Teacher Speaker Series: Tips and Methods for Student Engagement
Denise Richardson is a second-grade teacher; she has taught grades 1-6 throughout her career and is entering her 19th year of teaching. Denise has been teaching second grade for the past 10 years and is experienced with teaching in multiple different states.
She has a passion for teaching, which only grew stronger seeing her own children’s love and enthusiasm for learning. Like many others, Denise had to change her teaching style during the Covid-19 pandemic. However, the year proved to be valuable in other ways, and she is excited for the coming school year.
Reflecting on the Past Year
As a school based in a military town, the class is a mix between students in military and civilian families. Also, a wide range between learning and skill levels exist within the classes — some students read at a kindergarten level, while some others are at a 4th or 5th grade level.
Denise explains, “Same thing with their math skills. Within the last year, they ranged anywhere from first grade all the way up to fifth/sixth grade.” This diverse range added to the challenges of the pandemic.
“This last year was very challenging. With all the masks and the shields, and wearing a microphone… It was interesting trying to navigate all that. But we pushed through.”
She also had to change how she taught her students. Denise normally uses a very hands-on method, but with Covid restrictions, she had to switch to more digital activities. She comments that she likes using technology, and it worked out well in her class.
She was able to learn a lot about herself and her students: “Kids can do more on technology than we think they can… Once you show them, they are pretty resilient.”
Advice for Moving Forward
Denise loves to mentor and help teachers, both old and new. With her many years of experience and reflections on the past year, one piece of advice stood out to her.
“The one thing I would say, to new or ‘battered’ teachers, is [have] consistency in every area you teach. If you’re consistent with your practices and your procedures and your habits… the classroom can almost run itself.”
If teachers are consistent in the classroom, then students will know what to expect and be able to comfortably and confidently function within the classroom, even during a pandemic.
“I think organization and consistency are my two big takeaways. If you are consistently teaching procedures, students know what to do.”
Another aspect that proved invaluable in the class, especially during Covid, was student engagement. One method she implements in her classroom pulls on both student engagement and consistency.
Her students have different folders they can pull work or activities from throughout the day. Two examples are “Ketchup folders” and “Pickles folders.” The “Ketchup folders” hold work that students were unable to finish before, while the “Pickle folders” contain fun activities the students can choose from once they have completed the work in their “Ketchup folders.”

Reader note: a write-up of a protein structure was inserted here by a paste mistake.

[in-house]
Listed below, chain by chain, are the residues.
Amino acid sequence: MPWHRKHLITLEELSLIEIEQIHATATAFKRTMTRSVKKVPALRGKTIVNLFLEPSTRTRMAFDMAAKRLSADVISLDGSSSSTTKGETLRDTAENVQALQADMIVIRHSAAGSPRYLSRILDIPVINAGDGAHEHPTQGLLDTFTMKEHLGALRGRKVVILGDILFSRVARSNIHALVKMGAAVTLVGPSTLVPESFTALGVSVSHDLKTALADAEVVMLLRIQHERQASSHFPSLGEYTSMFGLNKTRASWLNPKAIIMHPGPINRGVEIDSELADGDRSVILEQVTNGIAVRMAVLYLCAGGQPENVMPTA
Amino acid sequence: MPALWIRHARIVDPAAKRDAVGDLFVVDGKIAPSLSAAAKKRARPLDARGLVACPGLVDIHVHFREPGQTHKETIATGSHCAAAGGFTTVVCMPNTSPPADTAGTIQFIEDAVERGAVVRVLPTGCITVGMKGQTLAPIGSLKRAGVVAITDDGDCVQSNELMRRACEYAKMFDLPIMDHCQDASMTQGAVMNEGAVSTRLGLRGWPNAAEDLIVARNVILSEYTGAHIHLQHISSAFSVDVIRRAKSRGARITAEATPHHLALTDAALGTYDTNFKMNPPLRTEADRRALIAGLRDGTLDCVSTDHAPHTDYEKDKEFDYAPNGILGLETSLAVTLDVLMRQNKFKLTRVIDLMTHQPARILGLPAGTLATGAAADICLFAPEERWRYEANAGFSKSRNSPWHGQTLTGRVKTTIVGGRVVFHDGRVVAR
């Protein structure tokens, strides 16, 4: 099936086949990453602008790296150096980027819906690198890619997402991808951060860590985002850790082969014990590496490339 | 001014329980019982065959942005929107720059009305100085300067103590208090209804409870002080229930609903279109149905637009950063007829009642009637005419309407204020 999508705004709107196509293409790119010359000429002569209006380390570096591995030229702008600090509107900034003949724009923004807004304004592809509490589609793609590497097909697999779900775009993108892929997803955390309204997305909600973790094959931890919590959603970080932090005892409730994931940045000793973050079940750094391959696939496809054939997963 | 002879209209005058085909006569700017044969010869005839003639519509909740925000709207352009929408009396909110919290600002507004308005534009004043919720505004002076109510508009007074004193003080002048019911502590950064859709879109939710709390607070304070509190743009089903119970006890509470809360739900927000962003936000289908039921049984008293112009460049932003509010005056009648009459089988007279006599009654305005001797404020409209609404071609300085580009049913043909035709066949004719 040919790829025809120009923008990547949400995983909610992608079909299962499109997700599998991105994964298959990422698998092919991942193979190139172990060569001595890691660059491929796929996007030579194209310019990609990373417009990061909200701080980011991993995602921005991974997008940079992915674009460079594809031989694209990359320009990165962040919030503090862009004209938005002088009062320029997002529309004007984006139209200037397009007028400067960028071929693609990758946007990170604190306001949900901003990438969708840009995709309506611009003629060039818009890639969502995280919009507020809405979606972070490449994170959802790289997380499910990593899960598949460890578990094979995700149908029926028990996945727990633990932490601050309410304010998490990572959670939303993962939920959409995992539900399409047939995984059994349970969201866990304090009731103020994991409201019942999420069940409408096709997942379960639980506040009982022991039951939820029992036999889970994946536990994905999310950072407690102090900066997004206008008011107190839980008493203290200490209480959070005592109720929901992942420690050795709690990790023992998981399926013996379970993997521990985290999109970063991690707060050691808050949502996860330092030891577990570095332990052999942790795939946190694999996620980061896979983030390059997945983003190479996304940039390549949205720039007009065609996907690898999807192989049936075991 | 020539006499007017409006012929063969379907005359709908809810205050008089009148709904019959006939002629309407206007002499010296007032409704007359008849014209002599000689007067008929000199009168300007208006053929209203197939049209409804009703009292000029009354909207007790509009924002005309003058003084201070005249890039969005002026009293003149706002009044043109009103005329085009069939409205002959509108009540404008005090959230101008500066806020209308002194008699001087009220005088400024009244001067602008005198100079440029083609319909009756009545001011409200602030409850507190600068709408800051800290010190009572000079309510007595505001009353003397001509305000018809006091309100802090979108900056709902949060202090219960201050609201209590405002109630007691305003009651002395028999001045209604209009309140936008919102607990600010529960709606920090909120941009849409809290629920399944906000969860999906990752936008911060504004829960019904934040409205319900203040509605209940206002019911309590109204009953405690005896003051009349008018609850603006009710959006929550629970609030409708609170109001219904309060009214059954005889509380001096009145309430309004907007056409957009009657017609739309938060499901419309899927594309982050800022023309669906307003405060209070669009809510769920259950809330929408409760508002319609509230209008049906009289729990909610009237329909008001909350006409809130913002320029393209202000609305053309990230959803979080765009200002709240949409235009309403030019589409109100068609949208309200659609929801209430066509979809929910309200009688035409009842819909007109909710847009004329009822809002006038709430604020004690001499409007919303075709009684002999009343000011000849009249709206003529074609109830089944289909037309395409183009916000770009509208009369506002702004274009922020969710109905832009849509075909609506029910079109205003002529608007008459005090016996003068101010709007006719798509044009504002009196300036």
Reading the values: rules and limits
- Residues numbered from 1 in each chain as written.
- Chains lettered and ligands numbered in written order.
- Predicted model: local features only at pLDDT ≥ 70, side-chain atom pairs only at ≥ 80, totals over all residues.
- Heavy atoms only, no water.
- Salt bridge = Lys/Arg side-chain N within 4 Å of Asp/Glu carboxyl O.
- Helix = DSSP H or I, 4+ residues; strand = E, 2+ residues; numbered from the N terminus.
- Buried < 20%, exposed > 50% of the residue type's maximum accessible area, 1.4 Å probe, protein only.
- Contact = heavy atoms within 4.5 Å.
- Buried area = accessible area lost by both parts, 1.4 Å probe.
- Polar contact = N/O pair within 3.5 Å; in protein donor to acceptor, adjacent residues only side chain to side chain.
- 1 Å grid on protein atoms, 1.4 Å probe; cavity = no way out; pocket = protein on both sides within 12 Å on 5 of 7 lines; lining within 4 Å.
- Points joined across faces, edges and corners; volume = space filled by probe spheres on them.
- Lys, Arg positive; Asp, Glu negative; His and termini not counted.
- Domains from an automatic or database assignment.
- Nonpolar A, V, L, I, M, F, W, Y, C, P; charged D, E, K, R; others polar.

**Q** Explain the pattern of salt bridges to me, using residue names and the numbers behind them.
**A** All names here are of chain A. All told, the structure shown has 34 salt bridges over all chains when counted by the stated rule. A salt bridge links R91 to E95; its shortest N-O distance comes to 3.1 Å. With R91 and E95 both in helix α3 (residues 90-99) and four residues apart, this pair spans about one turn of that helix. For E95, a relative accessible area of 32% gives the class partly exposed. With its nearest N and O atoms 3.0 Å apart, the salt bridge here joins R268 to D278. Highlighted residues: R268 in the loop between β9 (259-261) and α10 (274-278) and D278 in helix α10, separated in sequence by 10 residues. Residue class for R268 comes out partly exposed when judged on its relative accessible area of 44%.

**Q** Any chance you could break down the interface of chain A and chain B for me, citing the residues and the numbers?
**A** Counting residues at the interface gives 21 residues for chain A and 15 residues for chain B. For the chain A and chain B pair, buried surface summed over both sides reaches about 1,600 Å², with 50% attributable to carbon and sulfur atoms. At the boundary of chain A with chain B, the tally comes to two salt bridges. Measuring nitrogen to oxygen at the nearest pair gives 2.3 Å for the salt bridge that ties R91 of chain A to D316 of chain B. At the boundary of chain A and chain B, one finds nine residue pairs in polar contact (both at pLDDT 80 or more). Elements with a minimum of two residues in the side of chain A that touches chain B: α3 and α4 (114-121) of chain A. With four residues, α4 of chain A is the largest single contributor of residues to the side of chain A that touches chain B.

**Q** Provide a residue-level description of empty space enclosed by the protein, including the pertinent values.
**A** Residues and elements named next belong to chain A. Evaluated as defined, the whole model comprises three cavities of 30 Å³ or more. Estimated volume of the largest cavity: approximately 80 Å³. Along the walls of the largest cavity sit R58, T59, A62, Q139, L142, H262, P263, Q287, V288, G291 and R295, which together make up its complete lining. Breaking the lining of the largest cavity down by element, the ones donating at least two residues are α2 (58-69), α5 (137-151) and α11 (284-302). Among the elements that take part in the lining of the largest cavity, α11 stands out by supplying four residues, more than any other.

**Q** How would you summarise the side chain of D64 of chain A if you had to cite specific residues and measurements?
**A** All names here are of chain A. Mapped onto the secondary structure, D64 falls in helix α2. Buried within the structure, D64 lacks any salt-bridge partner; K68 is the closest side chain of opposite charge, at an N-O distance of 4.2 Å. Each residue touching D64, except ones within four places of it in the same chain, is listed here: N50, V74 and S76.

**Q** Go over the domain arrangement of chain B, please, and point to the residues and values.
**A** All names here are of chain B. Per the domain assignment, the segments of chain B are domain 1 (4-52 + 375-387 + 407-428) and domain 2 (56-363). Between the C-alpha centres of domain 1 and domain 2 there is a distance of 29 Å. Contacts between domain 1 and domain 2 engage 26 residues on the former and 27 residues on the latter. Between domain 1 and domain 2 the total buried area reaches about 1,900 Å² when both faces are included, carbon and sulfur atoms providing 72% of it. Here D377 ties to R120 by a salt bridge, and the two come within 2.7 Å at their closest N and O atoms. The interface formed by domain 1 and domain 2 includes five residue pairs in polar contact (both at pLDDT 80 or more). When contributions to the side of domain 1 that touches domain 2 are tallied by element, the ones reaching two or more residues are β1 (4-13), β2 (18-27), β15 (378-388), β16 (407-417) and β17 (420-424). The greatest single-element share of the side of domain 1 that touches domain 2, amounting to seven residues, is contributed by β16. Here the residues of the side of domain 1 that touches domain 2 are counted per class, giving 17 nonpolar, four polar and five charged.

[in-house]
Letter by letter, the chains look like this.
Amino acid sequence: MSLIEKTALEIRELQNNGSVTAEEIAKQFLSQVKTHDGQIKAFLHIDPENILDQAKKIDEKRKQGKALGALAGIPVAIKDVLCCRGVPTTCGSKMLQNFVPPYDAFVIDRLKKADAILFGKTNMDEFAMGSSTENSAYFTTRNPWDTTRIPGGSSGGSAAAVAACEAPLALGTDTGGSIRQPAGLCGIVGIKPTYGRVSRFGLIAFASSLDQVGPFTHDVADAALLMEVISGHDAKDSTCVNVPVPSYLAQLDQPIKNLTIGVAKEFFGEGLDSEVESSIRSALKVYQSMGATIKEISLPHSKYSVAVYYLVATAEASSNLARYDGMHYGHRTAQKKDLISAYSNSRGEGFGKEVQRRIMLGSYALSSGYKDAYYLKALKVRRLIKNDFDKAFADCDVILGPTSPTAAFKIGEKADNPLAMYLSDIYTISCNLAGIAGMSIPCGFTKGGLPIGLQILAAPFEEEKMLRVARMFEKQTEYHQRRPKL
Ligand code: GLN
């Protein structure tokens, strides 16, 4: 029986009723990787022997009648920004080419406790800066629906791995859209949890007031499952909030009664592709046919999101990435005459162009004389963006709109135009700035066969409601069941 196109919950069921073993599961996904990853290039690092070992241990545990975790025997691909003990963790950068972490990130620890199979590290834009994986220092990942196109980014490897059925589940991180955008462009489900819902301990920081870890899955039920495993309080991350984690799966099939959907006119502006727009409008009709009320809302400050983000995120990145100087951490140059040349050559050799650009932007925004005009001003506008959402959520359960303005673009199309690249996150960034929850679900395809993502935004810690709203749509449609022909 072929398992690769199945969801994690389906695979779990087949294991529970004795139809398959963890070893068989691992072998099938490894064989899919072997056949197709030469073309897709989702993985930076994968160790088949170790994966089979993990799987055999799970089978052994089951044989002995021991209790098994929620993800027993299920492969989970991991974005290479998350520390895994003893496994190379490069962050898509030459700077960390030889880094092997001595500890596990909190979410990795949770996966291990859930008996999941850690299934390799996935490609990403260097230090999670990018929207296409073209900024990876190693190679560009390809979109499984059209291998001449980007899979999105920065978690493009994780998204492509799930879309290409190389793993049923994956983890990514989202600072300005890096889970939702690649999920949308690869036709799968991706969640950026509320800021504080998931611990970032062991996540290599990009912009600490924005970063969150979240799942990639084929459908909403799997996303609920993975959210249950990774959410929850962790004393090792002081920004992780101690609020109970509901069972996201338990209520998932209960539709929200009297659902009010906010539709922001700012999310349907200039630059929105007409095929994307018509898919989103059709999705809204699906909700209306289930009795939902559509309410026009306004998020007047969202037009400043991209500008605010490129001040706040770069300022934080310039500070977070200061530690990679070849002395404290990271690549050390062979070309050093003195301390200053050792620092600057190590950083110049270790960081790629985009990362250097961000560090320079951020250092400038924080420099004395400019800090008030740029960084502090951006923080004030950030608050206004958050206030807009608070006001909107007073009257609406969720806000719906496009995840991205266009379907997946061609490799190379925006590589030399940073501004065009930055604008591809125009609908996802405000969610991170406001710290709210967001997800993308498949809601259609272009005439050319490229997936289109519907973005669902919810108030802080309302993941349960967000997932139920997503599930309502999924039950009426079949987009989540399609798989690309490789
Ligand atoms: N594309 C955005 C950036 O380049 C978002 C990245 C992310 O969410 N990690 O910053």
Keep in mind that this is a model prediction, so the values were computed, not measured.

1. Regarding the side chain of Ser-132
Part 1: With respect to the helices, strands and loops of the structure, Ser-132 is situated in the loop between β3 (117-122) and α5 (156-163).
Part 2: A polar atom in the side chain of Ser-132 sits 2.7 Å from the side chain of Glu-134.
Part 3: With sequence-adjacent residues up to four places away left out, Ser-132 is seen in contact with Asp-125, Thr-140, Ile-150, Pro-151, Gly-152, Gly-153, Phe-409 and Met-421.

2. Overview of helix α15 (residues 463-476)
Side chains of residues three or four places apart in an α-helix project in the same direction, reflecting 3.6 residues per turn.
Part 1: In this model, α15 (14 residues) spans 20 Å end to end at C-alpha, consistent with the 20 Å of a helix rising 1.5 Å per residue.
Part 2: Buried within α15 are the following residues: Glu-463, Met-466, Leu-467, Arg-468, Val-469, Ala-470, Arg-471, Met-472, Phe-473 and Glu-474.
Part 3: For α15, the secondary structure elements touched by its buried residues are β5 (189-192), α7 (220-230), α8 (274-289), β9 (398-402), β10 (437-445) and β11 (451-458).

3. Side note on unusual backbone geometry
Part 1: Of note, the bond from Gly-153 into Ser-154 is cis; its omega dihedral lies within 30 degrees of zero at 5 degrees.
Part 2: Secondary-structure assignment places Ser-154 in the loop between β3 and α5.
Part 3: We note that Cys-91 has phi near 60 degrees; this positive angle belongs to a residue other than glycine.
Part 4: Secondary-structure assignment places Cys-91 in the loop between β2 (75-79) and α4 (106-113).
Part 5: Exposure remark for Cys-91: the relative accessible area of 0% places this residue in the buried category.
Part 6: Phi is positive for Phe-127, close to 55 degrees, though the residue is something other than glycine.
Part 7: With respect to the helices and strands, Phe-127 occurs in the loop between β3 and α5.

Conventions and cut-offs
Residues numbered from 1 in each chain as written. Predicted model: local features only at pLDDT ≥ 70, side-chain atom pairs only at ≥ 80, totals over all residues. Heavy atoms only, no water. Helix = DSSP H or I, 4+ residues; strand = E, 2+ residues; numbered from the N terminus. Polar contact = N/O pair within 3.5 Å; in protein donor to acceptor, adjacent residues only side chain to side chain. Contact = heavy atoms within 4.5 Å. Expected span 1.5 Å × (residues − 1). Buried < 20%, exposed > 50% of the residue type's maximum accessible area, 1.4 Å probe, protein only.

This system provides students the chance to choose what activities they participate in, allowing them to engage with fun activities.
Engagement for Denise also looks like students working and focusing on their assignments.
“Student engagement can be where they are putting forth effort. They are doing their best, they are trying. There might be some struggle in that-- ‘brain sweat’ is good, we all need to do that. Struggle is also engagement; they are working through that process.”
How Boddle Helps
During last year, Denise used Boddle in her classroom to engage with her students and strengthen their foundational math skills.
She first discovered Boddle through Instagram and immediately integrated it into her students’ learning platforms. Denise scheduled Boddle time twice a day, but the students often wanted to play it more throughout their day. During the morning scheduled time, students could use Boddle to practice skills they might have missed or lost last year, and later her students would use it after her lessons.
When asked how her students felt about Boddle, she stated, “They love it! They love, love, love it.” They enjoy the game component of it. “I remember one student said, ‘Are you sure we’re allowed to do this? ‘Cause there’s games involved’... And anytime I had not assigned it, they were asking ‘Can we do that?’”
For next year, she plans to use the lesson-assignment feature on Boddle to help supplement her lessons as well and is looking forward to the upcoming diagnostic test, which will be implemented August 2021.